The Keys Chronicles (Pt. 1)

Casting at a string of Tarpon


In honor of the fast waning tarpon season I have chosen to post a few scribbles about my indoctrination into this dangerously addictive sport. Fittingly, this took place in the quintessential tarpon fishery: the Florida Keys. To be sure, I’d caught tarpon before elsewhere, but it is the fish hooked on those fabled flats that truly seals one as a tarpon fisherman (with all that that entails).

June 13, 2008

I should have kept a proper log, like last time. As it is memory has already faded somewhat; the images in my mind’s eye blurring at the edges except for a few clear visions. I see Nate’s blue shirt precisely matching the color of the sky the day Eric (a.k.a. BarJack [1] ) got his tarpon. I see the northern horizon dark with brooding thunderheads moving improbably against the wind as we cast below for cruising bones, and the squall that caught us off Woman Key as we huddled in our slickers drinking cold coffee to ease the pain of the early morning run we had made to the Marquesas — a rough ride that netted us nothing but a hefty fuel bill and me a sore ass. Of course, there are images of fish too, but none so clear.

It seems my love affair with The Keys has involved a slow, mistimed courtship – the type that finally blossoms into a serious relationship. Perhaps it was all the hype that originally put me off; I’ve never liked things that were too popular, and every magazine, every Saturday morning fishing show featured this string of island on Florida’s southernmost tip. Small wonder I suppose. Easy to get to, predictable, and boasting the highest concentration of skilled guides [2] probably anywhere on the planet, the Keys are the American answer to the exotic fishing destination .

Of course, my initial lack of enthusiasm could also stem from the fact that at first this archipelago seemed reluctant to reveal any of its fishy secrets, and I could scarcely afford a guide to enlighten me. Fish were few, far between, and required more than an inordinate amount of work, not to mention head-scratching, bewilderment, and a string of obscenities nearly as long as The Keys themselves. I grudgingly admit this has made our eventual successes all the sweeter – not to say that I’ve been overwhelmed by good fortune there, but fish have been caught. Each fish from these waters is a prize, and should be treasured as such – like the glass of single malt you savor at the day’s end when the boat, rods, and yourself have been temporarily washed free of the salt spray… or as is more frequently the case, the rum and soda with a splash of lime that you quickly down prior to falling face first onto the bed, couch, or floor to briefly lose consciousness before arising at dawn to do it all again.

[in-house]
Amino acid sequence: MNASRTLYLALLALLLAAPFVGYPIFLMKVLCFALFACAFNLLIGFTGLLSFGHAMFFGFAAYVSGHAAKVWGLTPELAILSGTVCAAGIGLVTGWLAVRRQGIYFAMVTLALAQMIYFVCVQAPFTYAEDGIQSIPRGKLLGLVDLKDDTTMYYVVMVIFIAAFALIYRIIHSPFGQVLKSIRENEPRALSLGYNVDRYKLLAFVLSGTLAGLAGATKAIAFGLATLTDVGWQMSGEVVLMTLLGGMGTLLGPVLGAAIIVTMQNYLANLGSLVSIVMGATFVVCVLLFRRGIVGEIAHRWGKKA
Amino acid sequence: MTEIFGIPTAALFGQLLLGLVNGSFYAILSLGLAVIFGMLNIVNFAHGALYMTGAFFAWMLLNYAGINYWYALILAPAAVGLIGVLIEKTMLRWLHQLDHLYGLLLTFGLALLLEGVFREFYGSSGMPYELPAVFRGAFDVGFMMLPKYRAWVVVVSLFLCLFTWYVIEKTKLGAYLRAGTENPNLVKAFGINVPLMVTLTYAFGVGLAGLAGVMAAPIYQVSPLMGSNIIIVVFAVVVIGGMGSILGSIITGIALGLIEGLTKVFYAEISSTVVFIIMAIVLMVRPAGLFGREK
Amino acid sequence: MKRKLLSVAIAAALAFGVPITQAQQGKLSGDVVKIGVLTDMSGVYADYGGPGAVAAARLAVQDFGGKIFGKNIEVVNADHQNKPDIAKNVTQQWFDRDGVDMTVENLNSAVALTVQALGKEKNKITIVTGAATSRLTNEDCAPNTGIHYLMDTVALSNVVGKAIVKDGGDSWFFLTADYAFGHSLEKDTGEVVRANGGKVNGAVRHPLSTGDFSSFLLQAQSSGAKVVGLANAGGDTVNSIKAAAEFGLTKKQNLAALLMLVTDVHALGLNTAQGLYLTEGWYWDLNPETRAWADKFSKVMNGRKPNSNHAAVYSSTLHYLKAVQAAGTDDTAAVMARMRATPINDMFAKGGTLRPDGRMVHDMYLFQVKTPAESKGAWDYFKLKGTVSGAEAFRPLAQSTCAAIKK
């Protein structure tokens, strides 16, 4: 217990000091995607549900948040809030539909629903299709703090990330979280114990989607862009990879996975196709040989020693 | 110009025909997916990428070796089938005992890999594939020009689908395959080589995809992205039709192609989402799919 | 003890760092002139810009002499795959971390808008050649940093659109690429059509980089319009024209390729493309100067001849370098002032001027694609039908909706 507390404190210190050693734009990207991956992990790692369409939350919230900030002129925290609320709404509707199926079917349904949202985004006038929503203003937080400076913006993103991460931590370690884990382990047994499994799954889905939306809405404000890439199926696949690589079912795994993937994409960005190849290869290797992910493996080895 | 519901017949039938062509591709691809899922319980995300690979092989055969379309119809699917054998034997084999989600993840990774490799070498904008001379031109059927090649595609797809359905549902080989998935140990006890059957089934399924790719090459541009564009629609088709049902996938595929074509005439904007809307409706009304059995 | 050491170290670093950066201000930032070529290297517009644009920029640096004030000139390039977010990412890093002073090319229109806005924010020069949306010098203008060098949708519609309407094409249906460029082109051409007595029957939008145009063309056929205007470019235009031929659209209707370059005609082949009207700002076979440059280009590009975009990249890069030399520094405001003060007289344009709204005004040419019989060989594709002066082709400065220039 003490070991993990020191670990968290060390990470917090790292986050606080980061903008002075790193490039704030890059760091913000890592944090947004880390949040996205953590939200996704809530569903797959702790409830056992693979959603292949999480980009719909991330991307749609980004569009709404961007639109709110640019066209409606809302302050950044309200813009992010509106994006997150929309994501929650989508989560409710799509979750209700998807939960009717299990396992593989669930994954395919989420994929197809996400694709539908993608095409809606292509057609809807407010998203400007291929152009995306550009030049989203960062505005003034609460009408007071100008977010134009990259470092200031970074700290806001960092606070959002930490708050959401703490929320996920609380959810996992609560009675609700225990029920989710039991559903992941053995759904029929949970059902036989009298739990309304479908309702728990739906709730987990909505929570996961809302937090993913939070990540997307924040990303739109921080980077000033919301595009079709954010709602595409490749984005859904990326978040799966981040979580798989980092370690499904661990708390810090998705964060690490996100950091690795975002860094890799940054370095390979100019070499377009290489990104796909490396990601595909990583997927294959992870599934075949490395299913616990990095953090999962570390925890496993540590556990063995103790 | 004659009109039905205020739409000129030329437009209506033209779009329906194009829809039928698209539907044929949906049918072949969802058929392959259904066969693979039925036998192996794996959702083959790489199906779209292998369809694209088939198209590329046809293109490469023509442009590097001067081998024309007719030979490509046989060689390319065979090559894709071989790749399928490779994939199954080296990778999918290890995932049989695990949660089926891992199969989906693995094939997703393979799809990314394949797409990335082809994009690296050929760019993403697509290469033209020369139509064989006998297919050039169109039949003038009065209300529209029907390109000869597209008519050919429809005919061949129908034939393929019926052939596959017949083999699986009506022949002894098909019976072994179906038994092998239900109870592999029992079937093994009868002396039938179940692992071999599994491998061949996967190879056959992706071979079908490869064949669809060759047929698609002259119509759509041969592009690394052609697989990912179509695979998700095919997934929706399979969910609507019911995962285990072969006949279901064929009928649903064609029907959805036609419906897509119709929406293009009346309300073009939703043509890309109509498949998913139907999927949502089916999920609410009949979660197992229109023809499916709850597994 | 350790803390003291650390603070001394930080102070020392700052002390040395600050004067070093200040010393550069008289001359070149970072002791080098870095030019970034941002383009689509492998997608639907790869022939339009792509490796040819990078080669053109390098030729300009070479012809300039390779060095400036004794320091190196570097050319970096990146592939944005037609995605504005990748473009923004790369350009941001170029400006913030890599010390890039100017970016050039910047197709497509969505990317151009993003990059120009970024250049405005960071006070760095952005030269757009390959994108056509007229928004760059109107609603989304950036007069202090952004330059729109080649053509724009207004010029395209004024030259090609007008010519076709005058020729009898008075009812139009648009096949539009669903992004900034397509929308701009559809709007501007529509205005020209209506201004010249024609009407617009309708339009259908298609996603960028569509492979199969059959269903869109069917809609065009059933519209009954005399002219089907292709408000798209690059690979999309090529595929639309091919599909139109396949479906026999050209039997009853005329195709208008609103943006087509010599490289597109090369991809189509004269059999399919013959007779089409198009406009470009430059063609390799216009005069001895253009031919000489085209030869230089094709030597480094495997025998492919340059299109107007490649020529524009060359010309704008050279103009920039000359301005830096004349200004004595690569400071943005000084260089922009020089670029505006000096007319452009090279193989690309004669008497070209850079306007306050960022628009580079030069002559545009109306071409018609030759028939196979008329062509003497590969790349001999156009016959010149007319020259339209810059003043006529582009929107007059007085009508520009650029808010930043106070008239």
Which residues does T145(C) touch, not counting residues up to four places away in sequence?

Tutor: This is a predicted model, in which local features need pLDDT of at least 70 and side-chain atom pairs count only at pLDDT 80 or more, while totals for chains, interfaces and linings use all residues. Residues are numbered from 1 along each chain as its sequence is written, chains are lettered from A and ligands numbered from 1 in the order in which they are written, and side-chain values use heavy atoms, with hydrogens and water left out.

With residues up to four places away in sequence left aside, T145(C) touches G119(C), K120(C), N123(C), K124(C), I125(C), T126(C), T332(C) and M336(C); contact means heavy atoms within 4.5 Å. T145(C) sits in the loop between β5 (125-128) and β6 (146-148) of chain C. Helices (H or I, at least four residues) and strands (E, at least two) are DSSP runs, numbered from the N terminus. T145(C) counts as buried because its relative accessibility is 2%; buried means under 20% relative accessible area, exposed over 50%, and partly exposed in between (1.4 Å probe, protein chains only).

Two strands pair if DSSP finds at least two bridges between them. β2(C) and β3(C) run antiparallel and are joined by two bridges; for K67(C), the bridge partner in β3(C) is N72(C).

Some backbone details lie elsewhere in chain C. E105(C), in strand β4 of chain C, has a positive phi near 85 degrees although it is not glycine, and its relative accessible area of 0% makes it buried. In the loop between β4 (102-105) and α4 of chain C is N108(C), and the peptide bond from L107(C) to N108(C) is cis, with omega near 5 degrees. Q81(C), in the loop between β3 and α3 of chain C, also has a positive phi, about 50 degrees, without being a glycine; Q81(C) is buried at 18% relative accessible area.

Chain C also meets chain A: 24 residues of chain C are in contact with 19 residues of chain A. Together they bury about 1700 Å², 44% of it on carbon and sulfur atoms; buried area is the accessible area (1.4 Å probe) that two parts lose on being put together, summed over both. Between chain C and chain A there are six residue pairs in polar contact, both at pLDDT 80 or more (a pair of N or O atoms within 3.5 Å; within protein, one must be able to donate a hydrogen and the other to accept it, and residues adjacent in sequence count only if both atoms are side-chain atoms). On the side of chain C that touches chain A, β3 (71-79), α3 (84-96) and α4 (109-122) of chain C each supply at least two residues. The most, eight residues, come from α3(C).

Life can be hard in the Keys.

1 Earned because of an uncanny ability to cast into a school of a few dozen bones and pull out a barjack. Consistently. Surely, we reasoned, he must have some affinity for these fish — like being incapable of holding still (unless unconscious), social (with others he considers part of his pack), and highly predatory… or maybe he just likes catching them, you know, more than bonefish. [back]
2 That’s just the point, isn’t it. I mean, other places like Belize, Honduras, or the Bahamas have guides who (as good as they are, and some are good) don’t have a degree in marine biology or philosophy or whathaveyou and their clients still catch the heck out of fish. True story. Honest. After a while you have to wonder, why are all the best guides in the world (allegedly) concentrated here? Could it be because the smartest fish in the world are also concentrated here? It begs the question, doesn’t it? Bit of a red flag, that? I’d much rather go someplace where the fishing’s awesome but “the guide was a bit of hack, right. A good guy, and all, but not exactly a guide’s guide. Still, we caught the hell out of fish, so no worries.” Wouldn’t you? Ok, I should probably let this go, but it deserves at least a glancing notice. Take, for example, the reputation of Key’s guides: they’re moody, grouchy, mean-tempered, in a word, crotchety. No wonder. If you had to deal with uncooperative fish and inexperienced (not to say “green horn”) clients every day — neither of which really does what it takes to connect with the other — you’d be pretty crotchety yourself, right? I mean, this crap goes on DAY AFTER DAY for weeks on end. I mean, bloody ‘ell, right? On the other hand, Caribbean guides (and those of the Pacific, I suppose) are known to be laid back, fun loving, and generally like the coolest guys ever. No wonder; they’ve got thousands of dumb-ass fish in their back yards just waiting to grab the fly/bait/lure of tomorrow’s gringo/tourist/’merican just like they did for today’s gringo/tourist/’merican sport. I’d be a laid back, fun loving local in line for the-coolest-guy-in-the-world prize too. Wouldn’t you? [back]

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